Keep a close watch on South America production as both Argentina and Brazil has had better than expected harvests. The average analyst guess expects Argentina corn production to increase nearly 1 million metric tons to 24.95 MMT and soybean production to increase 1.5 MMT to 58.5 MMT. Brazil corn production is also expected to increase to 76.87 MMT from 75MMT in the April report. Brazil soybean production is expected to stay mostly unchanged at 94 MMT.

May 11, 2015 | Grain Hedge Insights | Cody Bills | Views: 158

Planting Progress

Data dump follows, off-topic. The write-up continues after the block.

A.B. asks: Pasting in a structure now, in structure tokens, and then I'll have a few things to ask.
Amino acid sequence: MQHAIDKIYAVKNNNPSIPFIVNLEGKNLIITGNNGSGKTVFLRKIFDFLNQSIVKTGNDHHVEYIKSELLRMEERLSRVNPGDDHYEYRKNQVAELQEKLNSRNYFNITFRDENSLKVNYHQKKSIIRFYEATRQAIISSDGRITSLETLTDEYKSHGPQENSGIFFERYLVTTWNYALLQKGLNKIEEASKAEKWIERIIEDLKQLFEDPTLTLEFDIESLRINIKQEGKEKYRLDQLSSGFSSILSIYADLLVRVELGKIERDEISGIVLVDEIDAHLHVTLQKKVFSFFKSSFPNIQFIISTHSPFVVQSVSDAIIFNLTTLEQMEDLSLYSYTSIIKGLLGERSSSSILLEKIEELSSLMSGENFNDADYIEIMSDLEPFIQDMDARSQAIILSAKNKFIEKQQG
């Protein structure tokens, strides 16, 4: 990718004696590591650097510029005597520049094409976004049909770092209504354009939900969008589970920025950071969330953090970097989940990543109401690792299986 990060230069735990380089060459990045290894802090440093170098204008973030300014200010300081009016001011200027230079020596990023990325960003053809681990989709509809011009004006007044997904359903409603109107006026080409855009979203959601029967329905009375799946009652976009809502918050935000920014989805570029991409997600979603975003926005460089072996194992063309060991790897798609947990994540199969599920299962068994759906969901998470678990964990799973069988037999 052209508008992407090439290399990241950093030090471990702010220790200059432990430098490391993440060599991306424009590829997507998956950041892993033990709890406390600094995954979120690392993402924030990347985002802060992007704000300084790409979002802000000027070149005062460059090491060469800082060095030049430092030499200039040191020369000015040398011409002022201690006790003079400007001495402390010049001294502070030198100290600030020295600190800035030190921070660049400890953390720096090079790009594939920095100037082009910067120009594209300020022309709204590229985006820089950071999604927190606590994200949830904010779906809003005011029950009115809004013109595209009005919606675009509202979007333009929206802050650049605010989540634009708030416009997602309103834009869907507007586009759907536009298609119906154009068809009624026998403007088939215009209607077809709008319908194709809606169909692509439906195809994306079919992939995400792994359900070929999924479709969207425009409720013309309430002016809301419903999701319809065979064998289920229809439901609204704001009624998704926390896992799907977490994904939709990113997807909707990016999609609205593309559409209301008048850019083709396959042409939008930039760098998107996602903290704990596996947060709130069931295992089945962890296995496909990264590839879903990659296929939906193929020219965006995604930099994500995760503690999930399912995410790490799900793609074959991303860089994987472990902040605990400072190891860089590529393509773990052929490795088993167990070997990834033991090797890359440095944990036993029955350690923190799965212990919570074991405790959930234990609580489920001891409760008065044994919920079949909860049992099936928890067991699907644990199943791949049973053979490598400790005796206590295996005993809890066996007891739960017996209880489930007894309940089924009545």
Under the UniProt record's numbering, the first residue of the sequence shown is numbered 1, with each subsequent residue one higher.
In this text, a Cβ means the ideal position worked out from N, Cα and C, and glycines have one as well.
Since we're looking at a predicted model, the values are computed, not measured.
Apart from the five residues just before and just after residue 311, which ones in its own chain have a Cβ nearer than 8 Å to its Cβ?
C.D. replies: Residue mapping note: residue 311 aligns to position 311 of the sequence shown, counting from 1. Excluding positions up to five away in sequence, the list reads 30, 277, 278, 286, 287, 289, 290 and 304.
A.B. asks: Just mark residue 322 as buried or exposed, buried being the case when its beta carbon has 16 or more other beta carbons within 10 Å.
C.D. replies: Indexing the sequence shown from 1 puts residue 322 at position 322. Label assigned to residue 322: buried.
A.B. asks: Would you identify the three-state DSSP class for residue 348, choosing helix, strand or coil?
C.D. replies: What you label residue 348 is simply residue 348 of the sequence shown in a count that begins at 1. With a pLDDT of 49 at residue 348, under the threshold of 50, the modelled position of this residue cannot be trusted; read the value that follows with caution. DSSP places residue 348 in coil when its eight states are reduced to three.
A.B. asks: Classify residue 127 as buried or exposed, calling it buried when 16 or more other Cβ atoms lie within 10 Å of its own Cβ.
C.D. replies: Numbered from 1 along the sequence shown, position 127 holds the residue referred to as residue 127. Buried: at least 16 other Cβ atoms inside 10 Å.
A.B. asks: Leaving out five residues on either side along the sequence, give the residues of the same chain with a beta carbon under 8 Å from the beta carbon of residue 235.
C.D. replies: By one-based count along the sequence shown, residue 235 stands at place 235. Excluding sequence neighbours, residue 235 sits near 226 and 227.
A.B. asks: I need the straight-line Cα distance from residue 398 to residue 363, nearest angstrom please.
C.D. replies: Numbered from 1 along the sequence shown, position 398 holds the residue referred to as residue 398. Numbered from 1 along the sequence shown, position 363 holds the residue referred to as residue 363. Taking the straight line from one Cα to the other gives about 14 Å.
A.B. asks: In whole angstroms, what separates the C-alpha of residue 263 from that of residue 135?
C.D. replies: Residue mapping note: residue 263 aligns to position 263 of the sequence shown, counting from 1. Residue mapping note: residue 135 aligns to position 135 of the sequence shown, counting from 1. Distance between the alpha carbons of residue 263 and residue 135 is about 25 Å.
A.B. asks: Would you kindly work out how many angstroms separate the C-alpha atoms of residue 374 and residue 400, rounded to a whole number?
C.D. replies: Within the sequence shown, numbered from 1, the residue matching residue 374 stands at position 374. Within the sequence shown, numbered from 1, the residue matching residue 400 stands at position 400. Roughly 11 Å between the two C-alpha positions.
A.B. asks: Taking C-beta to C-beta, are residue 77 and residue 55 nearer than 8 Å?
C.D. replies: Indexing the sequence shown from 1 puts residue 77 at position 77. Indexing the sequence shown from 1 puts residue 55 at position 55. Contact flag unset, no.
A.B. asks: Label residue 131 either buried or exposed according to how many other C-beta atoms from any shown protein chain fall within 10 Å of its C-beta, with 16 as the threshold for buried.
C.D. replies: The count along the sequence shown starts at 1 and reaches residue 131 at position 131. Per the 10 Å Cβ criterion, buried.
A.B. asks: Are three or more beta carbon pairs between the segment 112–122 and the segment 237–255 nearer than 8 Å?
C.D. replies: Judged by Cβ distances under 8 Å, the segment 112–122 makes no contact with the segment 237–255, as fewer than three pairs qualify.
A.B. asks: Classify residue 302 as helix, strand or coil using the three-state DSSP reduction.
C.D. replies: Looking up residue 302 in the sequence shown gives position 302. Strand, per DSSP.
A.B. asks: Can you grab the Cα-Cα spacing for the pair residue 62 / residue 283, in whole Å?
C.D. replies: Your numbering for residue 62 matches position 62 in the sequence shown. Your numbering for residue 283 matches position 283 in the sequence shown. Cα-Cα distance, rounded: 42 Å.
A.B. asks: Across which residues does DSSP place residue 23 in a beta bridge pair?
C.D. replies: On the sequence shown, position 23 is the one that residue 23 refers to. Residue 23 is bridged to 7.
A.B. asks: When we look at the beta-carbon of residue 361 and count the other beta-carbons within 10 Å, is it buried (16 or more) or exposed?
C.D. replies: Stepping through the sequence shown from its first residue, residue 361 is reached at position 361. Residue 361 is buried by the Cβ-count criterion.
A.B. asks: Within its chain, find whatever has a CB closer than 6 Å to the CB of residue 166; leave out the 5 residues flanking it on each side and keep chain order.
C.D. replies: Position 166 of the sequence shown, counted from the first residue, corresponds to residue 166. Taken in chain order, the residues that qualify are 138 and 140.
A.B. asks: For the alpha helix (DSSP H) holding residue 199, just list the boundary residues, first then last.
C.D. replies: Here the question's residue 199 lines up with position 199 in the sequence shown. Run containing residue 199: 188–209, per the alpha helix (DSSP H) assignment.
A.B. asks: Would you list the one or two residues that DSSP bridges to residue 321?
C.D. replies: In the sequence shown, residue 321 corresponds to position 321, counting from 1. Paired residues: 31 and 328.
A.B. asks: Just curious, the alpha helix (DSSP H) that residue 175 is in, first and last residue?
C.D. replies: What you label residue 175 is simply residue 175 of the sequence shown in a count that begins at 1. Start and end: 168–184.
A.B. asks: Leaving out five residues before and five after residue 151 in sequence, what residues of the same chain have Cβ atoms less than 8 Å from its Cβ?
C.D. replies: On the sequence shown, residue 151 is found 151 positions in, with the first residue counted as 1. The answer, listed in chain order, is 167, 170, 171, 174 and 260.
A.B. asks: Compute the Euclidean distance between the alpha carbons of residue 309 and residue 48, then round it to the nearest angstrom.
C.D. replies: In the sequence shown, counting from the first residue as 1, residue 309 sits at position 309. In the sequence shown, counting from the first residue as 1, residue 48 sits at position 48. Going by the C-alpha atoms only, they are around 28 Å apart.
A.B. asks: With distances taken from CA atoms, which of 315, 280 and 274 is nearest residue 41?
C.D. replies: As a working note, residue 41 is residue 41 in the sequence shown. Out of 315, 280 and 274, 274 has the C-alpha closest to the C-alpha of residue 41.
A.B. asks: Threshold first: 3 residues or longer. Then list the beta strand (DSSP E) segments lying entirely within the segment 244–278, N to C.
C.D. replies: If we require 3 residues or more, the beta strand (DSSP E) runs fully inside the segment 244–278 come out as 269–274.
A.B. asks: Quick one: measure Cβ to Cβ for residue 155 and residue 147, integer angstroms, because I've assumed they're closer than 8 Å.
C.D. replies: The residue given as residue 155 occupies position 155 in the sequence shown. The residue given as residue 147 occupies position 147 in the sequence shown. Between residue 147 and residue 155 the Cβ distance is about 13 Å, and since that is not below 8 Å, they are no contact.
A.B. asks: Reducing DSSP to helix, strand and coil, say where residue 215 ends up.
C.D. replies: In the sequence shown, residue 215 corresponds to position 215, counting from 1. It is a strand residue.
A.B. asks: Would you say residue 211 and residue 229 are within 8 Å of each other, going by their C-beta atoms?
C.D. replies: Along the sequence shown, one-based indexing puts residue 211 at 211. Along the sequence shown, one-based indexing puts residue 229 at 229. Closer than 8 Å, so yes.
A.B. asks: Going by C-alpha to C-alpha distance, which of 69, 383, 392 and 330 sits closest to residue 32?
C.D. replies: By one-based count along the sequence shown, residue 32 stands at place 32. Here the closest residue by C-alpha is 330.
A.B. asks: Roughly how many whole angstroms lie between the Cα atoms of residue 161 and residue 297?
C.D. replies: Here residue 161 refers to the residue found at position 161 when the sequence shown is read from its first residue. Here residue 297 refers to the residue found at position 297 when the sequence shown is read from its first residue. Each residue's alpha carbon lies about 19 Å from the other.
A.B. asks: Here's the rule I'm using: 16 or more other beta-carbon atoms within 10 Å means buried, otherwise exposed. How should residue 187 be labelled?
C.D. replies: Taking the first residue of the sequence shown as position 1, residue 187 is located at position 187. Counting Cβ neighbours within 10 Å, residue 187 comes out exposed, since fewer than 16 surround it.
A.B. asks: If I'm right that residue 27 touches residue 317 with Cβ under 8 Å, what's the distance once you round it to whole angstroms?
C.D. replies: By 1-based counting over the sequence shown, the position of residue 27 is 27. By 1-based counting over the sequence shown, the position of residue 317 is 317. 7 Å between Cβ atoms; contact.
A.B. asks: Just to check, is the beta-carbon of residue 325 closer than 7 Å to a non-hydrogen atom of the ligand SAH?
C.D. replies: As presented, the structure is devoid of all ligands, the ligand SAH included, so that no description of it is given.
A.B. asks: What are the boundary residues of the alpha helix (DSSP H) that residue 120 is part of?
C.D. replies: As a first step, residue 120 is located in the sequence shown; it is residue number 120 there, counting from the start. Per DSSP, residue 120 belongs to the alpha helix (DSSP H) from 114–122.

Cody reviews the current planting pace for corn and soybeans and looks at a positive weather outlook.There are mixed expectations from the upcoming WASDE report. Stay tuned for the full report.

May 11, 2015 | Grain Hedge Insights | Cody Bills | Views: 175

Traders Eye USDA Report on Tuesday

Traders will be focusing on the USDA report to be released on Tuesday

Traders Eye USDA Report on Tuesday

In the overnight session corn traded down 3/4 of a cent, soybeans jumped 1 3/4 cents and wheat fell 1 3/4 cents as we enter the morning pause.  The dollar index is up 1/3rd of a percent this morning and crude oil is 14 cents higher this morning. Planting pace for corn is expected to have another big jump in this week’s crop progress report scheduled for release at 3 PM CST. Some traders are expecting corn plantings to be as much as 70 percent complete.